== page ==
A proposed $650 million power line in western Kansas — and the future of wind power in the state — got a reprieve Tuesday.
Prairie Wind Transmission, which includes Westar Energy, and ITC Great Plains have proposed a 200-mile, 765-kilovolt line to link western Kansas, Wichita and lines from Nebraska and Oklahoma.
On Tuesday, the board of directors of the Southwest Power Pool, the agency that decides which regional projects get funded, overruled its own staff's recommendation to drop the Kansas project and voted to study it further.
Gov. Mark Parkinson, the Kansas utilities involved and others lobbied or wrote letters in support of the project.
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A decision could come as early as the next board meeting, Jan. 26, but more likely will occur in the spring, said Kelly Harrison, president of Prairie Wind and vice president for transmission and environmental at Westar.
The project, called the V-Plan, is key to the growth of wind power in the state, Parkinson said.
"We need new power lines to connect east to west, and north to south — the V-Plan project does just that," he said in a statement. "I am encouraged to see that the Southwest Power Pool has reinstated this critical project to their priority list; my administration remains committed to seeing its ultimate approval in January."
ITC president Carl Huslig echoed that.
"We believe it is important for the state of Kansas and the region to have a project such as the V-Plan under consideration as it pursues the development of its wind resources," he said in a statement.
The power pool's decision is critical to building the project.
The pool, which includes utilities in nine states, has the authority to spread the cost of an expensive project such as the V-Plan over its member utilities, making it affordable to Kansas ratepayers.
Harrison, who attended much of the multi-day meeting, said there was plenty of politics involved in the decision.
Many utilities in the pool don't like or don't believe in wind power, he said. They lobbied to delay approval, saying future demand was too uncertain for a 765-kilovolt line and that a smaller 345-kilovolt would make more sense.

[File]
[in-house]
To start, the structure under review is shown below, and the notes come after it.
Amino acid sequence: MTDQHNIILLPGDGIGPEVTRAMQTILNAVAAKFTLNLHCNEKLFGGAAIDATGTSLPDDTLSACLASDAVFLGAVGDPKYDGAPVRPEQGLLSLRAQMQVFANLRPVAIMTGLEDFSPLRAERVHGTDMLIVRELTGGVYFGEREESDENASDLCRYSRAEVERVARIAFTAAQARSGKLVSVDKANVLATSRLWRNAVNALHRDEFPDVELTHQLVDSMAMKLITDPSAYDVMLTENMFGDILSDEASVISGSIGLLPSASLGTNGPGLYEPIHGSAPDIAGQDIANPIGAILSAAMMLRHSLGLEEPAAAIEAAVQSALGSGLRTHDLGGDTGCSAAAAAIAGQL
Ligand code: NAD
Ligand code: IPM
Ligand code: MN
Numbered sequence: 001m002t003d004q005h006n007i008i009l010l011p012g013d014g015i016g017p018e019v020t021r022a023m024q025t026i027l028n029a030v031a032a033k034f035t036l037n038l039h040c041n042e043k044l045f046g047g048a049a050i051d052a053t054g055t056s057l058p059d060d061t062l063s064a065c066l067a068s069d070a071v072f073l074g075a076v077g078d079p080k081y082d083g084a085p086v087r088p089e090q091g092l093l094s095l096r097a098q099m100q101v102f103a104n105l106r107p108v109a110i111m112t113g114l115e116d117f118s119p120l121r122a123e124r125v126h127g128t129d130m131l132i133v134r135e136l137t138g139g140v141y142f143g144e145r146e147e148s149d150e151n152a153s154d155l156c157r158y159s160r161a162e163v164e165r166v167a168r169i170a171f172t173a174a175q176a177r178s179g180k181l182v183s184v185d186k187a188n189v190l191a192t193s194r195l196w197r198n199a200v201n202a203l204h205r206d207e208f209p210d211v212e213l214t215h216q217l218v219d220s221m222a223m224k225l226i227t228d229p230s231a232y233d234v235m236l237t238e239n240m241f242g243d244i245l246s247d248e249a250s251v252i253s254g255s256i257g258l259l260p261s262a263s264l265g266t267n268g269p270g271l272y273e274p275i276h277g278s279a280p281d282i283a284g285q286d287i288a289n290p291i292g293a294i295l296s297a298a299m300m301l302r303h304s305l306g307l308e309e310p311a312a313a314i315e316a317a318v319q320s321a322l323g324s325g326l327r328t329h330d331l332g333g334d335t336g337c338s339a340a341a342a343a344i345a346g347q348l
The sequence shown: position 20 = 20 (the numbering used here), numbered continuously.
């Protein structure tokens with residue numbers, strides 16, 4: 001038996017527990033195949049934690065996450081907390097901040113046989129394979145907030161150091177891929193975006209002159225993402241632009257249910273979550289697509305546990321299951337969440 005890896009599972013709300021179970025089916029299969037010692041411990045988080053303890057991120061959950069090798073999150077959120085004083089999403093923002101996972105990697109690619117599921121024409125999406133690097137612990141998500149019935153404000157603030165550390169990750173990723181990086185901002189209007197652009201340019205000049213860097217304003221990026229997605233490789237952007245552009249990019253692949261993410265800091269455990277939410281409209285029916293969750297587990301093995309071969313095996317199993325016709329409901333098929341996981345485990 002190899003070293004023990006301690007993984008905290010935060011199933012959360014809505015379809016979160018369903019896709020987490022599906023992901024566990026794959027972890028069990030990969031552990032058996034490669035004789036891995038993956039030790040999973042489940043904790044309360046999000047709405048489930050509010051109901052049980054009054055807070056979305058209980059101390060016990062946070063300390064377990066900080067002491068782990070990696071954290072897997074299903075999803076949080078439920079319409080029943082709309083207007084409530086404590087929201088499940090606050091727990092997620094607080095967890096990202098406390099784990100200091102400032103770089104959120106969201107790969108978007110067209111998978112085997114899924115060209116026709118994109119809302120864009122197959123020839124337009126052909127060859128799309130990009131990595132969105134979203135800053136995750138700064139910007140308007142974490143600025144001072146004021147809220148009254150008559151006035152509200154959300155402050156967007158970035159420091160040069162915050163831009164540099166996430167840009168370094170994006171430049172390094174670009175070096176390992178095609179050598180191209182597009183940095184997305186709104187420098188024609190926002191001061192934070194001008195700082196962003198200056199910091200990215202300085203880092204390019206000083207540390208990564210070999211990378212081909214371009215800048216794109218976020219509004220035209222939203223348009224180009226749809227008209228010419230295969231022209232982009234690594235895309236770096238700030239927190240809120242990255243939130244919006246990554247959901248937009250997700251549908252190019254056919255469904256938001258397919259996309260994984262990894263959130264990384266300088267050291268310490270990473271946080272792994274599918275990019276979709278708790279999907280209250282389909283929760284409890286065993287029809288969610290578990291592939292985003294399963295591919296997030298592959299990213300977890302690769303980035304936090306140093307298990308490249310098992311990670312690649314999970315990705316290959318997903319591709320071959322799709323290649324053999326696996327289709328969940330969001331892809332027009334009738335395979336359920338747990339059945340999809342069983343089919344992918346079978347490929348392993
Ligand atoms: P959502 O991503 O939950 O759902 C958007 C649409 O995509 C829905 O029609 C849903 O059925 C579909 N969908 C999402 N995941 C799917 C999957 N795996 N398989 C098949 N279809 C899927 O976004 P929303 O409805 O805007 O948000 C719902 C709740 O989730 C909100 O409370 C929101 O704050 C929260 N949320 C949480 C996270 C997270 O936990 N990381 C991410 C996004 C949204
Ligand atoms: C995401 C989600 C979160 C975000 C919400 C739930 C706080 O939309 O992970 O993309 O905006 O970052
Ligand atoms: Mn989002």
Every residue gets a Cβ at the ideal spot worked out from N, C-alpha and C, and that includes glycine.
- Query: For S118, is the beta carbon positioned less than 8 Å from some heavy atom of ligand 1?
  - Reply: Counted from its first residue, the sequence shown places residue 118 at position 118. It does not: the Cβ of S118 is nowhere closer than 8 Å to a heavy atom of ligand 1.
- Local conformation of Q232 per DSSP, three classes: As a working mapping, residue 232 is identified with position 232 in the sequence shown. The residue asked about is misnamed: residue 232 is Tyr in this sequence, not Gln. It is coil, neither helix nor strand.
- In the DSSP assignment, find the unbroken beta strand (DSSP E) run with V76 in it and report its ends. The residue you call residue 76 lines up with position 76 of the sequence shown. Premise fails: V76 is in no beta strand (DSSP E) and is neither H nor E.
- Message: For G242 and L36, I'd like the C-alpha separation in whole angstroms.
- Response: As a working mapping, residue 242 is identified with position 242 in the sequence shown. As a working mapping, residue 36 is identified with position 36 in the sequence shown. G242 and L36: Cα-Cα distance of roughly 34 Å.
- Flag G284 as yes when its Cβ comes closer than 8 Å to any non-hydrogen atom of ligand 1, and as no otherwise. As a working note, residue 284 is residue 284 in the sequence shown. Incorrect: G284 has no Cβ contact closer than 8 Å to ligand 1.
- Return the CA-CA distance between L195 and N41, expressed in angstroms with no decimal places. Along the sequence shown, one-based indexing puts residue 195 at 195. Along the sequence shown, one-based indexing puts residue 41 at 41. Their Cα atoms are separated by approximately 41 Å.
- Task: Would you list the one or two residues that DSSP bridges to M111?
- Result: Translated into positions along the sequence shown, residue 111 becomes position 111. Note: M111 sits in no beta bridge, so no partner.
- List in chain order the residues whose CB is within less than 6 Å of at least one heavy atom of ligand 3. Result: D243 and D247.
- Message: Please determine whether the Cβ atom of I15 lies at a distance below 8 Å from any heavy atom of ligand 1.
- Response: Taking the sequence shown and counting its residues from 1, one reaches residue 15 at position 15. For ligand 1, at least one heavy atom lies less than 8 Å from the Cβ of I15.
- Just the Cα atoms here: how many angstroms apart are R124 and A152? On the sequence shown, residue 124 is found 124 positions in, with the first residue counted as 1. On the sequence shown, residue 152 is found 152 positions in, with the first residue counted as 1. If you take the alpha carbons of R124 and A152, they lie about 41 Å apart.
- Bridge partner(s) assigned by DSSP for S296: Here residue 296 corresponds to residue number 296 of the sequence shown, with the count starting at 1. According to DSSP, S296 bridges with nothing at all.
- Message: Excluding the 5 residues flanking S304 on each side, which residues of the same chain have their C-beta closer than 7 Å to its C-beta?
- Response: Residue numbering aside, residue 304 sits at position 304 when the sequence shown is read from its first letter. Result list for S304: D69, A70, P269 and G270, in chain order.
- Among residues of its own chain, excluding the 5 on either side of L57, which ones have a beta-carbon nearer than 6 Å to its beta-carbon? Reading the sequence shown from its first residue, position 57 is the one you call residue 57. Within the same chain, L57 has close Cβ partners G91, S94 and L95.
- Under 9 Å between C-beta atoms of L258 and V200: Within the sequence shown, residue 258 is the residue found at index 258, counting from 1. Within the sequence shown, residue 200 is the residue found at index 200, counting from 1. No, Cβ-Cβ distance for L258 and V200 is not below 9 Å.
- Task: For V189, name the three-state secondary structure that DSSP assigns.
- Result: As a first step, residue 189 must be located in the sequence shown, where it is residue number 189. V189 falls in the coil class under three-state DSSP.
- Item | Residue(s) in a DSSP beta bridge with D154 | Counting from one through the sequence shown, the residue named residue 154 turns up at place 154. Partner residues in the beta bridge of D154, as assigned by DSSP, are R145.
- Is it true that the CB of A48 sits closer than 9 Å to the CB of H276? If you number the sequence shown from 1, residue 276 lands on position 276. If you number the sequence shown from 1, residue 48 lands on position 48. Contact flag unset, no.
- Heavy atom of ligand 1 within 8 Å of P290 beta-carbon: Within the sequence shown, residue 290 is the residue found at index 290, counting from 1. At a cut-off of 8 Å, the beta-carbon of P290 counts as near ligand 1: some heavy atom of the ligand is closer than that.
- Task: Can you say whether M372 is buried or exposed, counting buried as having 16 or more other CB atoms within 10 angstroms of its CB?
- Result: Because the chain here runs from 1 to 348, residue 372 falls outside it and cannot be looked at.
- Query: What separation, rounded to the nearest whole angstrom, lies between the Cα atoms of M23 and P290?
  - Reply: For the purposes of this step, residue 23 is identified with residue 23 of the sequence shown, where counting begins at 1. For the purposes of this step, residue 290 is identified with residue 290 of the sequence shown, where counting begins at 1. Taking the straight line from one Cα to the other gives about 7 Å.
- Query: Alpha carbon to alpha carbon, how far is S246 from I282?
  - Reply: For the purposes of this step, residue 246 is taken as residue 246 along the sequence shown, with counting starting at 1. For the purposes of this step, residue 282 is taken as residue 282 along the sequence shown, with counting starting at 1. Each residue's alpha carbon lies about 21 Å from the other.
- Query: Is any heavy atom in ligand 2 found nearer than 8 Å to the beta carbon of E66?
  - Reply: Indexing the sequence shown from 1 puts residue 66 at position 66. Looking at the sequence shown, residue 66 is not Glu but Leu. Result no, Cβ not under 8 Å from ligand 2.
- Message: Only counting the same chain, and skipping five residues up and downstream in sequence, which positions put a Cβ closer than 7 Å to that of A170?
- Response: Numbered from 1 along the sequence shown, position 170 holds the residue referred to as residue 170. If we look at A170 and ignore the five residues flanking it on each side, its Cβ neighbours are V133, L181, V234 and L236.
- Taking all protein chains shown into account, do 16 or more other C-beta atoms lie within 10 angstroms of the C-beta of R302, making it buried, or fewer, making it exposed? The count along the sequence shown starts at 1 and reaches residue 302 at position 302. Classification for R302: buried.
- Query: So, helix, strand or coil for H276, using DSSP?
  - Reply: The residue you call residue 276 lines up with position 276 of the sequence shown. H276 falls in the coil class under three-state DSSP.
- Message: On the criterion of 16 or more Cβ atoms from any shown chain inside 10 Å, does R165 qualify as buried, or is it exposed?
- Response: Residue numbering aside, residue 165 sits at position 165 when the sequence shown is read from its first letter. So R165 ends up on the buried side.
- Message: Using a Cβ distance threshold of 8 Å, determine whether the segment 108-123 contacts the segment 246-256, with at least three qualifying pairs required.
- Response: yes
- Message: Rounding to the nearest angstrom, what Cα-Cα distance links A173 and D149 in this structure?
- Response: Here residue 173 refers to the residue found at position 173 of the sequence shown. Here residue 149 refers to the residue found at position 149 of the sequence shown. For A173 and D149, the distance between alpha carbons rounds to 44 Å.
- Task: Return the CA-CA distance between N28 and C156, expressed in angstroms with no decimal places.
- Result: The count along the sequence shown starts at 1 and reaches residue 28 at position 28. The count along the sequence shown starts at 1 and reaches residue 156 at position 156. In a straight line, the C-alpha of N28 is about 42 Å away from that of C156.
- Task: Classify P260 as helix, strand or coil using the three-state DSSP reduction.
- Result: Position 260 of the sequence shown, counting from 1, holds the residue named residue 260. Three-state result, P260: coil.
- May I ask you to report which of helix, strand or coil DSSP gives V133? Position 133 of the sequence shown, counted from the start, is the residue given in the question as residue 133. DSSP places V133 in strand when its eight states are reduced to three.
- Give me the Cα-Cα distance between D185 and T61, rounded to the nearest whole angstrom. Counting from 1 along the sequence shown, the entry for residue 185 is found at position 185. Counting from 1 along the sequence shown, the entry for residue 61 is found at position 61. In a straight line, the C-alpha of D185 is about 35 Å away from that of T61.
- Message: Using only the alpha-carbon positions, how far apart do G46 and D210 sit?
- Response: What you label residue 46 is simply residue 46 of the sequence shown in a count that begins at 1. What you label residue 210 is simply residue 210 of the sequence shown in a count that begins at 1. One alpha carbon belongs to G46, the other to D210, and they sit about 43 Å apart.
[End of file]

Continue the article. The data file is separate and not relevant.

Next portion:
Harrison said he offered a compromise to build the 765-kilovolt line but operate it as a 345-kilovolt for first few years, reducing some upfront cost. A 765-kilovolt line carries six times the power, with less loss, as a 345-kilovolt line.
The board said it will study the line's cost if it carries 7,000 megawatts of electricity, or about 10 percent of the power pool's total power generation, and 14,000 megawatts, or 20 percent.
As a comparison, all of the wind farms in Kansas today have a capacity to generate about 1,000 megawatts. But the potential for energy that could be generated by wind in Kansas is more than 100 times that.
Another alternative is dual 345-kilovolt lines, Harrison said, but they don't have the same capacity as a single 765-kilovolt line.
Those who don't want the 765-kilovolt line aren't looking into the future far enough, Harrison said.
"They don't want to speculate or have a vision about what is needed 20 years from now," he said. "They are only interested in what is needed five years from now."
Harrison said the project should sell itself on its own merits. But Congress could give it a big boost if it approves a National Renewable Energy Standard, which mandates that a certain percentage of electricity nationwide come from alternative sources.
But, he said, for now, they'll keep pushing at the regional level.
"It's another step," Harrison said. "We're basically trying to navigate an aircraft carrier. It takes little movements."